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Providing evidence to improve practice

Individual study: Forest riparian buffers were effective at maintaining bird and arthropod numbers but not amphibians

Published source details

Marczak L.B., Sakamaki T., Turvey S.L., Deguise I., Wood S.L.R. & Richardson J.S. (2010) Are forested buffers an effective conservation strategy for riparian fauna? An assessment using meta-analysis. Ecological Applications, 20, 126-134


This study is summarised as evidence for the intervention(s) shown on the right. The icon shows which synopsis it is relevant to.

Retain riparian buffer strips during timber harvest Amphibian Conservation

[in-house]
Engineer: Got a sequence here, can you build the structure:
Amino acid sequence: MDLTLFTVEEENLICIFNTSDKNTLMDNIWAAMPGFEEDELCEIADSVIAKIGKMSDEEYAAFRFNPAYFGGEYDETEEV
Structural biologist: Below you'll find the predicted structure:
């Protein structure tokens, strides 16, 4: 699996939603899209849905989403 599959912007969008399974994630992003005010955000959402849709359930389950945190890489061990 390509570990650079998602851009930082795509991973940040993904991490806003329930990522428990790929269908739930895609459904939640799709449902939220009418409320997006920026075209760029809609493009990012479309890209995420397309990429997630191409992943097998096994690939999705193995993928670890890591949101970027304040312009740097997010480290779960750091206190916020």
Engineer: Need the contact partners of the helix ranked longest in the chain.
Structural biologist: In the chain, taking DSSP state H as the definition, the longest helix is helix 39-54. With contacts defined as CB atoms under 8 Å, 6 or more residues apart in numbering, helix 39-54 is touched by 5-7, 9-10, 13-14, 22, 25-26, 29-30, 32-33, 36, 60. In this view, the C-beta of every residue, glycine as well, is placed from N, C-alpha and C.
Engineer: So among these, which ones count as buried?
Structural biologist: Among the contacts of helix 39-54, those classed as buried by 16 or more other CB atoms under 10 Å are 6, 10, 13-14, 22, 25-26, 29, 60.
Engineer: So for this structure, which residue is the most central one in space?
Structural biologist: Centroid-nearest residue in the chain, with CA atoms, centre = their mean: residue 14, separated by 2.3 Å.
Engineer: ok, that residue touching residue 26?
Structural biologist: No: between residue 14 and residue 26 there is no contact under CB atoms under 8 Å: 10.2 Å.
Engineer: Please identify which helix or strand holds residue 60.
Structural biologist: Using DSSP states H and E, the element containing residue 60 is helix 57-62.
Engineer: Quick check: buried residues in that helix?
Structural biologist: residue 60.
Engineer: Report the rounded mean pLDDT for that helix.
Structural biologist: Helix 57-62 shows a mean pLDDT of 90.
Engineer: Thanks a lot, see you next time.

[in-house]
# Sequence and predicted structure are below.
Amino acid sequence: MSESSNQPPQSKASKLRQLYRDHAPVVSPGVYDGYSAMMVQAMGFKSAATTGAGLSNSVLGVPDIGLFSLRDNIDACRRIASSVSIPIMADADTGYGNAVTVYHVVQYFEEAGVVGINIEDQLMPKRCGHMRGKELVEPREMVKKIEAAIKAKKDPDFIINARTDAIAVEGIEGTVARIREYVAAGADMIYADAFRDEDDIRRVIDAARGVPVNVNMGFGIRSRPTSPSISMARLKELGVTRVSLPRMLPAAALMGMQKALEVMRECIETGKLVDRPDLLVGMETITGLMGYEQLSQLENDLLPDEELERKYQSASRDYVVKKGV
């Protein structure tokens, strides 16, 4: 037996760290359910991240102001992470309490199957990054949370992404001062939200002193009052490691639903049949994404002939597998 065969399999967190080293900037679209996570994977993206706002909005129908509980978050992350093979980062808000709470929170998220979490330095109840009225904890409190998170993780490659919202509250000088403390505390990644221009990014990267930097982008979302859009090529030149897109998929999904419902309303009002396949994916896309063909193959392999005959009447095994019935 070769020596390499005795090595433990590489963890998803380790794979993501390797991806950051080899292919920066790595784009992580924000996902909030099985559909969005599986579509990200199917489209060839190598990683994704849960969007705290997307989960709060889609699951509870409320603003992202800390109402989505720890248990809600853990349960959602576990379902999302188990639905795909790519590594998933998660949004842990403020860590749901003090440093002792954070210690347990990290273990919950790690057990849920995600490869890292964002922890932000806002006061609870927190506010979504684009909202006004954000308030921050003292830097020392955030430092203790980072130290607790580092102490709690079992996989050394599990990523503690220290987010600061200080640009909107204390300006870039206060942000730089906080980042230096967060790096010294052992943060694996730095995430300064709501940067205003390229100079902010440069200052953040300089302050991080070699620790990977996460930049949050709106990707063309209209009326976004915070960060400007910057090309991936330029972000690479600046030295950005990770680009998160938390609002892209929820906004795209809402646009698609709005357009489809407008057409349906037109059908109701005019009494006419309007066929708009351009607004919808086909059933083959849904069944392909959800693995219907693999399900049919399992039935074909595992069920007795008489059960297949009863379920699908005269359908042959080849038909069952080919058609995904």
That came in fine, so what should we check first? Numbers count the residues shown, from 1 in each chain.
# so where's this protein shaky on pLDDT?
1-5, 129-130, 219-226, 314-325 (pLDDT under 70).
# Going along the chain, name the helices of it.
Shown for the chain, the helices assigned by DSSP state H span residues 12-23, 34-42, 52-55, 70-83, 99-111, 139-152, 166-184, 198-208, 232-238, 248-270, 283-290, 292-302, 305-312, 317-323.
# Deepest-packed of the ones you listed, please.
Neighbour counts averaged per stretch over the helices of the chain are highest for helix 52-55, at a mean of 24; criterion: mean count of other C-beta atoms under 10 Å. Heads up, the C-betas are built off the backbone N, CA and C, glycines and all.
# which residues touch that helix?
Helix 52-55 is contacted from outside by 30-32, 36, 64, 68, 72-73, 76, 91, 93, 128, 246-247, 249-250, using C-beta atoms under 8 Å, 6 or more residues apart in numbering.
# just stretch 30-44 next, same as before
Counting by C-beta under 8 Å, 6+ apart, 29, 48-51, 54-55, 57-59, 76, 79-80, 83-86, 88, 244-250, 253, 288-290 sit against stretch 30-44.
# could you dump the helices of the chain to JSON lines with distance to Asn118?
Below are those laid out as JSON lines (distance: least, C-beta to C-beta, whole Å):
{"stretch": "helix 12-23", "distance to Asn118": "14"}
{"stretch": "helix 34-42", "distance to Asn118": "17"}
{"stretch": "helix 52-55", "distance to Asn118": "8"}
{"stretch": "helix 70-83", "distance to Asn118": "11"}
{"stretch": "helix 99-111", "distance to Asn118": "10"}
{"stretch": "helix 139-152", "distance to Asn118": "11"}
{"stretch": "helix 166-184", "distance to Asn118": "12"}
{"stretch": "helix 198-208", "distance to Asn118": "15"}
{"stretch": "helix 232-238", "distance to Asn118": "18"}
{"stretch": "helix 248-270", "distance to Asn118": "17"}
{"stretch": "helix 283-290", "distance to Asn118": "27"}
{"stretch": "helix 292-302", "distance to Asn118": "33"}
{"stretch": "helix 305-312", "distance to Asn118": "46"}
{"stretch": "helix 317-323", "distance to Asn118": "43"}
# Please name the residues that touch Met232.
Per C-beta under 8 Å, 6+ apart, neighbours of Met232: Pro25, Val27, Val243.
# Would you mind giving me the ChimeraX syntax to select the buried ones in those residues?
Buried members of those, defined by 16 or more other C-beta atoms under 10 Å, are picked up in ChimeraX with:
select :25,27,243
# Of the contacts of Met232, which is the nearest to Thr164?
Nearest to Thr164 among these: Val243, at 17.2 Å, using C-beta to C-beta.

A meta-analysis of global studies of amphibians in harvested forests (Marczak et al. 2010) found that riparian buffers were not effective at maintaining amphibian abundance. Amphibian abundance was significantly lower in buffers compared to unharvested areas. Frogs and toads (15 studies) showed greater differences between buffers and unharvested sites (both positive and negative) compared to salamanders (16 studies). There was no significant effect of buffer width or time since buffer establishment on the size of the difference in abundance between buffers and unharvested sites (amphibians, birds, small mammals and arthropods combined). Wider buffers did not result in greater similarity between buffer and unharvested sites. A meta-analysis was undertaken using published data from 31 studies comparing abundance of species in riparian buffers and unharvested riparian sites.